I suppose it should come as no surprise to me that many people in this country continue to ignore the continental plate sized mounds of evidence for evolution when we still have this vocal minority who deny the facts of the Holocaust. After all, how hard can it be to ignore biology, geology and all those moldy old fossils when people can ignore the mounds of the dead whose stench still permeates the ground in Europe, having lived as contemporaries of many who yet live.

The latest bit of historical revisionism (the polite word for unconscionable denial) has erupted around the words of Bishop Richard Williamson, the excommunicated heretic who belongs to the Society of St. Pius X who has repeatedly denied the scope and intent of the Holocaust. I watched a tape of him talking about the 'fact' that only 200,000 - 300,000 Jews died in the camps, not through gassing or official policy of Hitler. Only 200,000-300,000... Reminded me bit of the Auschwitz commandant who allegedly who shot back at those who claimed he had overseen the murders of 5000 Jews per day. With sinister Teutonic efficiency he responded that such was pure fantasy - the rail system feeding the camps was unable to process more than a couple of thousand per day. As if that made a difference to his case.

Having visited Dachau (admitted not technically a death camp, though of little solace to the thousands who died there) and Birkenau, it's hard to believe that one could deny the Holocaust. If I live to be a thousand years old I will never forget the mounds of shoes and eye glasses. Each an echo of a victim long murdered. George Santayana's words are inscribed into a sculpture at Dachau - "Those who cannot remember the past are condemned to repeat it". And if we can barely remember events within our own lives, those of our parents, or those of our grandparents, what hope is there.


pboyfloyd said...

I guess it's just their way of saying that they still don't like the Jews?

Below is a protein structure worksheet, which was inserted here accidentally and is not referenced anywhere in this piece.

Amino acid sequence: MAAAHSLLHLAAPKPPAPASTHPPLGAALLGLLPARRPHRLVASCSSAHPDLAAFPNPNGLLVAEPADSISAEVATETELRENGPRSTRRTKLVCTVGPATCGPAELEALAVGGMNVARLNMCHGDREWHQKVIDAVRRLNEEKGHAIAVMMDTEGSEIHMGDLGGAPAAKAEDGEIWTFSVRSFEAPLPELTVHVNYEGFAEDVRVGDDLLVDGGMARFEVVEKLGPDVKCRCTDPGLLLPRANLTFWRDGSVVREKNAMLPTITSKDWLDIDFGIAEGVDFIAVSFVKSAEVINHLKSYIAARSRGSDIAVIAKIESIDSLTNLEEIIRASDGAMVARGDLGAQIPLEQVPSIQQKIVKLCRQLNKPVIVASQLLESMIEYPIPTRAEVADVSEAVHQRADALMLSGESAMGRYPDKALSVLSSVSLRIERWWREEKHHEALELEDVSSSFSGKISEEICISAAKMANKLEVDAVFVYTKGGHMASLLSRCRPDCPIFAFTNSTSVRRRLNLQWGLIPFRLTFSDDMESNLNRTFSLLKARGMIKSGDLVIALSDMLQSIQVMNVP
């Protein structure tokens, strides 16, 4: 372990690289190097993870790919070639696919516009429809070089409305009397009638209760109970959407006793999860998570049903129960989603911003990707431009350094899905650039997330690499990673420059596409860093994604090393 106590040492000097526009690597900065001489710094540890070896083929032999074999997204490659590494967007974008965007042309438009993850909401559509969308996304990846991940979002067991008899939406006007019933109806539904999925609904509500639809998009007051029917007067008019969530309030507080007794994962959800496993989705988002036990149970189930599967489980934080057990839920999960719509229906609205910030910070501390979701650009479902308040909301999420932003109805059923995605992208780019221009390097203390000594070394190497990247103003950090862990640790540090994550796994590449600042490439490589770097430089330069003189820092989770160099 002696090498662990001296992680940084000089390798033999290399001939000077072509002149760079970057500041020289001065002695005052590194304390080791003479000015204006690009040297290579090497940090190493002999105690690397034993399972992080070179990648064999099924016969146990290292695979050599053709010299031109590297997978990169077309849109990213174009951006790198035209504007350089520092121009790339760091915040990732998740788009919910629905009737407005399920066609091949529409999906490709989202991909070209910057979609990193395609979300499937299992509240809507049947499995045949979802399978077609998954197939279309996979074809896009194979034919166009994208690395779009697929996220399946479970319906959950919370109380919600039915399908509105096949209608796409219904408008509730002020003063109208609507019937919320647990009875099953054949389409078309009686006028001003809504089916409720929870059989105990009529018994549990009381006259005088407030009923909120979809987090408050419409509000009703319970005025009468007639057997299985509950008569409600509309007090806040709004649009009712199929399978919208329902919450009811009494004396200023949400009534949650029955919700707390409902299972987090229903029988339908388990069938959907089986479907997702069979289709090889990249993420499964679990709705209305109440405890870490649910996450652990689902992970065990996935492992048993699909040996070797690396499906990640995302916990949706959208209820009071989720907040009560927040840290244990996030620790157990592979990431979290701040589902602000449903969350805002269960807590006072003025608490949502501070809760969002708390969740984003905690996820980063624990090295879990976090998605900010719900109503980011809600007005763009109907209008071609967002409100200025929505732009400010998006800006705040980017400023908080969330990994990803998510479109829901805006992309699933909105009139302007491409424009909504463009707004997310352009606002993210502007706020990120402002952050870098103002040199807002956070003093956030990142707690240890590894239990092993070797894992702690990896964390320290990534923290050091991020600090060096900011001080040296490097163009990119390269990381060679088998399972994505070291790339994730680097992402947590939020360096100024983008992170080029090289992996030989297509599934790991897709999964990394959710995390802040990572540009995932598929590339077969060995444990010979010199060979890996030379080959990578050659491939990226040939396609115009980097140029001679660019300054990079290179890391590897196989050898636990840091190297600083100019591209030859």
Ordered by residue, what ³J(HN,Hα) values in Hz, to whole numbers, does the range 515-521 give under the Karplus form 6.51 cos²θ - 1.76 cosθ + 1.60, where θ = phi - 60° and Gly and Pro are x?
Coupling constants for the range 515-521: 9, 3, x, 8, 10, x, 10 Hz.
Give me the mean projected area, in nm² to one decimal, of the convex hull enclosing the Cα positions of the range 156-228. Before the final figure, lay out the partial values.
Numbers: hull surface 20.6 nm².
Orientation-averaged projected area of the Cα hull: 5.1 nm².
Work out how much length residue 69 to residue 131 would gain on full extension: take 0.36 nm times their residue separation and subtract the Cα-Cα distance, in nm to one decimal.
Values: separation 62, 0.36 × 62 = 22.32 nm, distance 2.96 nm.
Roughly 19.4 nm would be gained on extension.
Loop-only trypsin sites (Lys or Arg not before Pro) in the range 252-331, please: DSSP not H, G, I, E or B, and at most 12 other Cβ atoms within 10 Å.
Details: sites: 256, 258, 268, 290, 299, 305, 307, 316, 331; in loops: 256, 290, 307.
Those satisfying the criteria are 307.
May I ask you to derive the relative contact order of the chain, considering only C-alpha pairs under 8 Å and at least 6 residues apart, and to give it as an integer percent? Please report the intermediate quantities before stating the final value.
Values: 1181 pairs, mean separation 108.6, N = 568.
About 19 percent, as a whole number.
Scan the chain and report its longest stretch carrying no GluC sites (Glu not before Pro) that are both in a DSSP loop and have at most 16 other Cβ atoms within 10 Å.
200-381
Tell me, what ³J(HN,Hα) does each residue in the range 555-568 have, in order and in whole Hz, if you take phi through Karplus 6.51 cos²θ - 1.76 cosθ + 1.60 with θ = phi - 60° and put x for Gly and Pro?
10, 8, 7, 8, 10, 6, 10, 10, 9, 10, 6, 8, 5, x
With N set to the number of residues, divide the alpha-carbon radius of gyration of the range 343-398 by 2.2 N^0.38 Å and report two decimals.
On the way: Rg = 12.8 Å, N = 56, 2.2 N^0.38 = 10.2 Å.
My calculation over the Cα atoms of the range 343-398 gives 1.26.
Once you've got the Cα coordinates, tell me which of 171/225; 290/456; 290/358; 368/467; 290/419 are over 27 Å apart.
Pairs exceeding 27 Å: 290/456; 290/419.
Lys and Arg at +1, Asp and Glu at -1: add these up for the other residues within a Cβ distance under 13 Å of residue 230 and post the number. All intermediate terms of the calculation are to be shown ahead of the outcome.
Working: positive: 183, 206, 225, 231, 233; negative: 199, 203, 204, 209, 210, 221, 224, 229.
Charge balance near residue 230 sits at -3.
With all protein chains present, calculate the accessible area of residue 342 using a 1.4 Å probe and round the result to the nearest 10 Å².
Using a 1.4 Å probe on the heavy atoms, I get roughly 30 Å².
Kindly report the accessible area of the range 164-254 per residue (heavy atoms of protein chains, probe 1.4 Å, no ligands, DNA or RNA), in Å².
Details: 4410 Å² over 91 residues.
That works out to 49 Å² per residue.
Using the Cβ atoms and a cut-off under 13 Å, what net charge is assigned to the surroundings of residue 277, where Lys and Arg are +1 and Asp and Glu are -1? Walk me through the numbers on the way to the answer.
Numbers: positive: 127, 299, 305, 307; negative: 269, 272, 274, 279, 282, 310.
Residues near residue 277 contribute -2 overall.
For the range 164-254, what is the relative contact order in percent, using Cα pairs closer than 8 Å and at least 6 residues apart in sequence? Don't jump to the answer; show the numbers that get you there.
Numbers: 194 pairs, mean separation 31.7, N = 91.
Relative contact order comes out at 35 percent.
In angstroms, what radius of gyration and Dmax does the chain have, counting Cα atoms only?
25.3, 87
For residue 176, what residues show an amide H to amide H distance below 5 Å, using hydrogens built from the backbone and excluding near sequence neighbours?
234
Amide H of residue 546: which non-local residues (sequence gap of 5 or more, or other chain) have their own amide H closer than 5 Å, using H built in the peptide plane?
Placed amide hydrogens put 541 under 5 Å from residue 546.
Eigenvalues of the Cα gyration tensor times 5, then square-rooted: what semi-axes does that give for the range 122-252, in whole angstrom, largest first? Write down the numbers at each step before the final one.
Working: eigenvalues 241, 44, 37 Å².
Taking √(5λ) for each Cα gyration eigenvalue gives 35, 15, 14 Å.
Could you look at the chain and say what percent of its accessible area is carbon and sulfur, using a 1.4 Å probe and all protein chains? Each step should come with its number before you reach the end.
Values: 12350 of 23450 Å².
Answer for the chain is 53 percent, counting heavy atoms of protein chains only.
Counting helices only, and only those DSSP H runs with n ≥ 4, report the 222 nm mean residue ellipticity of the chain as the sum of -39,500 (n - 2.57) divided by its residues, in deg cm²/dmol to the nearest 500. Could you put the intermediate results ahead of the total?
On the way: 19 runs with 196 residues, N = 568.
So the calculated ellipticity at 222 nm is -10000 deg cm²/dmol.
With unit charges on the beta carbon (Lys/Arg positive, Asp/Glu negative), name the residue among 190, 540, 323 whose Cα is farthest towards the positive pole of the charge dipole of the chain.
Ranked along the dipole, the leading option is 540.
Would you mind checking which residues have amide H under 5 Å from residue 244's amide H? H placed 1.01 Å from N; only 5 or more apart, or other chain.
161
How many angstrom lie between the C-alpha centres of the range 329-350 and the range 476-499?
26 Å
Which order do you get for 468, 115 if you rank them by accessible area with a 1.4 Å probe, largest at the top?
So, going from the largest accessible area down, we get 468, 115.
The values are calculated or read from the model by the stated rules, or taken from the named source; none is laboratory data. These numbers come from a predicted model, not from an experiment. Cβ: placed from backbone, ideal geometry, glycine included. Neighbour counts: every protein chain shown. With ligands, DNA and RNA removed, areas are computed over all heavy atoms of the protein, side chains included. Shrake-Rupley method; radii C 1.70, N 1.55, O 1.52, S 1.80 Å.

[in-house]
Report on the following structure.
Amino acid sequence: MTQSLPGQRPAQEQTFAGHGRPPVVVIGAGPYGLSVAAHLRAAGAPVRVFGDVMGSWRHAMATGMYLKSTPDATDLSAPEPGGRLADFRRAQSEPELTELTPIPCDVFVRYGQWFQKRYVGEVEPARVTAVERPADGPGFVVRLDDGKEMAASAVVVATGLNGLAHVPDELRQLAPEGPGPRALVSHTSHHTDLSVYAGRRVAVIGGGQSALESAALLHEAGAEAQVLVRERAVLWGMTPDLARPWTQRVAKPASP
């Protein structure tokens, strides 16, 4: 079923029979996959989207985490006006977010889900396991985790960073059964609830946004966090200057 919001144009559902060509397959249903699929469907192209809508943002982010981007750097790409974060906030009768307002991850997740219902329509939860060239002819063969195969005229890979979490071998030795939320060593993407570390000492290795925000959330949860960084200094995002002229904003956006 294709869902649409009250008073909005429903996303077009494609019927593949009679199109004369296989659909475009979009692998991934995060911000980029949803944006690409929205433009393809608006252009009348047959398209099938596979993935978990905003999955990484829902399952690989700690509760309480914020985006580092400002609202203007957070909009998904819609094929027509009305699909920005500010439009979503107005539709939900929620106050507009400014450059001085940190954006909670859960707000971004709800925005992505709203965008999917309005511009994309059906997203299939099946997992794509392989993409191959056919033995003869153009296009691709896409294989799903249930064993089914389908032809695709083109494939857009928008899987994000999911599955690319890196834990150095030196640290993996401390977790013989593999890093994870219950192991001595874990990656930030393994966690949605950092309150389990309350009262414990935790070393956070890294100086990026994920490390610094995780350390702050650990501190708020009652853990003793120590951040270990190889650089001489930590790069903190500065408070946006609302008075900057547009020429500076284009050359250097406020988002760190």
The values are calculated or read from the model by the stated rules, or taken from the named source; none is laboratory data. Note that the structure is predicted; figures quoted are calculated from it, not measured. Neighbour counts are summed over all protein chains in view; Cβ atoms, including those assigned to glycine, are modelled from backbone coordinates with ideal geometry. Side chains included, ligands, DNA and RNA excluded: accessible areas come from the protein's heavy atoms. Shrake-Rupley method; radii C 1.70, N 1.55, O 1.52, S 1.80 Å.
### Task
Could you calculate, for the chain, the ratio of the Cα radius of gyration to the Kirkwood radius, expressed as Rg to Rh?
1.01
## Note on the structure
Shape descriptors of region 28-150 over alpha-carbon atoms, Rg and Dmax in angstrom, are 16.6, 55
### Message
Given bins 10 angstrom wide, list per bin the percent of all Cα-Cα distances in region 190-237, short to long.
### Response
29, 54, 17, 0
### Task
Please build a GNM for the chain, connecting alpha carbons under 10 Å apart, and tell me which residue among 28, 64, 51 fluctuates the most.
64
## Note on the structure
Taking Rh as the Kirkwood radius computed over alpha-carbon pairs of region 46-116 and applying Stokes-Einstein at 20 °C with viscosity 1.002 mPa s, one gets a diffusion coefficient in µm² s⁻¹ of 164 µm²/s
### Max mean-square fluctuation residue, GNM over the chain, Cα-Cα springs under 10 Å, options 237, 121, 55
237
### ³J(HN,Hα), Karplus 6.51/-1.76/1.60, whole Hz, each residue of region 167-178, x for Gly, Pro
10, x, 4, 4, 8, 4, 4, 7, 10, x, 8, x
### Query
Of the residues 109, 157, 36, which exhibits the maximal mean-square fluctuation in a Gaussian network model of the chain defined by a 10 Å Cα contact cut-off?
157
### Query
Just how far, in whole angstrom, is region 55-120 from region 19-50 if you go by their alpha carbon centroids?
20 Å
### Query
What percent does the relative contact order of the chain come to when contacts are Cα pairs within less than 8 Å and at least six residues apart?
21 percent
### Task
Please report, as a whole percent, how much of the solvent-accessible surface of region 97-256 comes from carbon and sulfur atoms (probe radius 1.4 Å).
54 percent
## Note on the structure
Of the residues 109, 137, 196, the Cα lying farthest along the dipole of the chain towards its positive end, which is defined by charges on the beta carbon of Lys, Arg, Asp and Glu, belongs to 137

Stacy said...

I think it's a form of denial - but what part of their emotions are they trying to protect?

Do they have relatives that took a part in the slaughter?

I don't get it. sigh.

Harvey said...

Denying the Holocaust has multiple possible underpinnings. For some, perhaps like Bishop Williamson, it is because the Catholic Church at the time found it convenient or perhaps even necessary to turn a blind eye to what Hitler was perpetrating on the Jews. As ugly as it may seem, the Vatican found itself surrounded by Fascisti, first Italian and later the Germans themselves and, as a result, was understanably concerned about its own survival. Pope Pius X has been accused of complicity in, if not outright support of the Nazi agenda. Whether or not this was so, revisionist Churchmen like the Bishop wish to go back to the Vatican policies and dogma of the war years. In order to do this, denial of the Holocaust (or at least its diminution) seems necessary. ALternatively, Holocaust deniers tend to be antisemites, who would be just as happy if Hitler had succeeded in wiping out every last Jew on earth. These are the skinheads and neoNazis, who, by the way, do not limit their hatred to Jews. Anyone who is not Christian and/or white will do. Ironically, they are not all that sure that Catholics are "real" Christans. These attitudes may help to explain why it is so important that there be at least one place on Earth where a Jew can depend upon acceptance, not only because it is a democracy where all ethnic groups and religions have equal rights (which was generally true of the Weimar republic before Hitler took over), but where the simple fact of declaring oneself to be Jewish will result in citizenship and the protection of the State.

Anonymous said...

The Holocaust museum in D.C. is worth a look if you're ever there pliny.

While attending a rabbi's community class, he talked about the purpose of the death camps. We went over the Wannsee conference and its chilling general reference -its generality referred to by deniers- to Jews and what to do with them. But rabbi didn't just want to go over the unbelievable amount of human life destroyed. He wanted to teach about the desecration of human rights, the violation of decency, and the filth (always the filth). He noted that disease was one of the most prolific killers (by way of the Nazis) in the camps.

Nazis were there to break the humanity, or spirit, of the Jewish people.

I hope you're wrong Pliny. I hope that as humans we are recognizing more and more the sameness in eachother. The 'oneness' that befits humanity better than factions.

I know. It seems to be the exact opposite sometimes.

mac said...

I am also a visiter to Dachua.

You're right. While not a true Death Camp, the place was still strong enough to give me a case of the willies that has not left me to this day, some twenty years later.